In Houston relationship counseling, I believe it is my job to do my utmost to help you work through your marriage problems and save your relationship. When couples come in already talking about the possibility of divorce at the first session, I always know that my job is going to be a little bit more difficult.

And it isn’t because those couples have marriage problems that are more severe than other clients – even if their issues were that one wasn’t taking out the trash enough and the other was always taking the car without asking, I’d expect their situation to be difficult. Why? Because when couples even start considering divorce as an option, that is much more likely to be the end result.

Houston Relationship Counseling Advice: Avoid Using the “D” Word

When we let thoughts like that into our minds, we’re already starting to see them as real and plan out what would happen in that scenario. Who gets to see the kids when? What do we do with the house? Is Bob more your friend or my friend – because we certainly can’t share him.

As horrible and frightening as these questions are, human beings have an amazing ability to shrug off the bad when we can break things down into their basic components and look at the logistics in this way. In fact, I’ve seen people get so bogged down in the details like this that they forget about the things that they’ll actually be losing and how they’ll feel about that if a divorce goes through.

That’s why, when one of my Houston relationship counseling clients brings up the “d” word, I stop everything and ask them a question: “Do you want to make this marriage work?” Invariably, the answer is yes – after all, they wouldn’t be there otherwise! So then I lay down some ground rules: they are to push divorce out of their minds as much as possible. No talking about it – in or out of therapy – and if possible they shouldn’t think about it. Divorce is not an option, because they are going to fix whatever problems they have and make this marriage work.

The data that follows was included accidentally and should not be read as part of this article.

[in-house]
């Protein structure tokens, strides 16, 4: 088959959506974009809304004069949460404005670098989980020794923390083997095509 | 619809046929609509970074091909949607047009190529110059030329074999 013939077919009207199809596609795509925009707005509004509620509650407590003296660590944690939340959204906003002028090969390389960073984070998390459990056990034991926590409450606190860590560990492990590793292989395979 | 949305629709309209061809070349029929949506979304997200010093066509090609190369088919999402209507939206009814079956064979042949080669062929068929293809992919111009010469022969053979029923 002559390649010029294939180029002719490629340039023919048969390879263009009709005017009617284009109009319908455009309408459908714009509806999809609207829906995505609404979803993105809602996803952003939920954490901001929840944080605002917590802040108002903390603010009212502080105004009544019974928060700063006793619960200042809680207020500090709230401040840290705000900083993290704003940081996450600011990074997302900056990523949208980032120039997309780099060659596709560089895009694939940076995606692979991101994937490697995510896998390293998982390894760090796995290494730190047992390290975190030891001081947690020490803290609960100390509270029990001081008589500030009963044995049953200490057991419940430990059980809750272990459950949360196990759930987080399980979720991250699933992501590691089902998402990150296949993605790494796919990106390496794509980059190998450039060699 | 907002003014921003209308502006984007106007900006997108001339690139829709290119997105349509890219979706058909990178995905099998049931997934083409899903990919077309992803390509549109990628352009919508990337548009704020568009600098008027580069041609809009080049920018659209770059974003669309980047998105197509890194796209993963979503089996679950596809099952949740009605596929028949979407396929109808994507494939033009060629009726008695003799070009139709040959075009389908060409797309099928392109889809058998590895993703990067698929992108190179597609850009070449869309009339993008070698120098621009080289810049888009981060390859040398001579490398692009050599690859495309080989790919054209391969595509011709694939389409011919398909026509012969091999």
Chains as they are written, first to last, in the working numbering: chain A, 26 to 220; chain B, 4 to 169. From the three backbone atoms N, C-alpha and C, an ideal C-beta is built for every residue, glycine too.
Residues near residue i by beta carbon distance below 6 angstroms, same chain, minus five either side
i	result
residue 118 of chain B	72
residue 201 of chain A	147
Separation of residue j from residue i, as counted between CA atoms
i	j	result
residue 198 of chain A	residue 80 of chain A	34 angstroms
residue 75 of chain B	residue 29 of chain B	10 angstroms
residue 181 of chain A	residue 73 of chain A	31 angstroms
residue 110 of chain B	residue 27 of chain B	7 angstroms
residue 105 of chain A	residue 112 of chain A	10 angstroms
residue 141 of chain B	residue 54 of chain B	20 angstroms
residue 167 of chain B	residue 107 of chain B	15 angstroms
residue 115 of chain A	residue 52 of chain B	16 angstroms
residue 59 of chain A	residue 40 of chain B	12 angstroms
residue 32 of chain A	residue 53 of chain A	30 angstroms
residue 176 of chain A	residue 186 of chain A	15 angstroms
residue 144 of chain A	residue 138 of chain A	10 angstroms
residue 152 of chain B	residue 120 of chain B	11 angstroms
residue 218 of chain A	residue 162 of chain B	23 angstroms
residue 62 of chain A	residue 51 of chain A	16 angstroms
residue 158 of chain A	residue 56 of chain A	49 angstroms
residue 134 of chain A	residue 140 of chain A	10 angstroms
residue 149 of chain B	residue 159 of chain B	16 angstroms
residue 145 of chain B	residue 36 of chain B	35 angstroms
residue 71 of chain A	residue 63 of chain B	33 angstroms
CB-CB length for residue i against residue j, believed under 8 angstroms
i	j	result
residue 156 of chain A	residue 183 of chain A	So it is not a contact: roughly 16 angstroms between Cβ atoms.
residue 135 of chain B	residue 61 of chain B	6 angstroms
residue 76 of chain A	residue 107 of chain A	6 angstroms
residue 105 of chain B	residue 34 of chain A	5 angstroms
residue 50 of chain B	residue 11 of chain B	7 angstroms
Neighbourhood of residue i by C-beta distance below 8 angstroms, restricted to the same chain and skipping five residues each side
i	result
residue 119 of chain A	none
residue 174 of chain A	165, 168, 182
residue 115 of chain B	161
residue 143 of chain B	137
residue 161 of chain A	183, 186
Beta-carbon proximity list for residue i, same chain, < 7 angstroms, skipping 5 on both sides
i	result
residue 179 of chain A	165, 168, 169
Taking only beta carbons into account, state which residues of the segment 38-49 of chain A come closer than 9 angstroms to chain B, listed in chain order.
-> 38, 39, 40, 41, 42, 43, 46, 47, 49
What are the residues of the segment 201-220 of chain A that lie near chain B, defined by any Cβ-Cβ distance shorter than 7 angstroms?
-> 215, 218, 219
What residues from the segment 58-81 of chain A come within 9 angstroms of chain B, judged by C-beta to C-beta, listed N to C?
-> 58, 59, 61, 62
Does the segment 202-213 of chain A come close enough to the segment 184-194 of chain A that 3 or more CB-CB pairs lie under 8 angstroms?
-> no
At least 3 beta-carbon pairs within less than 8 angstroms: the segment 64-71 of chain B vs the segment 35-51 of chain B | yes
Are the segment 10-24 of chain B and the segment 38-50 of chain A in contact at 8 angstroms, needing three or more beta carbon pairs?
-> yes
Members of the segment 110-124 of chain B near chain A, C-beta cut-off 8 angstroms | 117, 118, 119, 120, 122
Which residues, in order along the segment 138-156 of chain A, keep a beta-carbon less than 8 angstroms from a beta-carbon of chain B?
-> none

Arguing that thinking about divorce can lead to it might seem a bit silly, but studies of successful, long-lasting marriages (of 35 years of longer!) have shown that the one commonality between all of them was that divorce was simply not considered.

So instead of letting my clients think about divorce and start to plan out the logistics of how it might work out, I turn their detail-oriented focus to breaking down their problems and fixing them one at a time. If you want to see how this can work for you, seek Houston relationship counseling.

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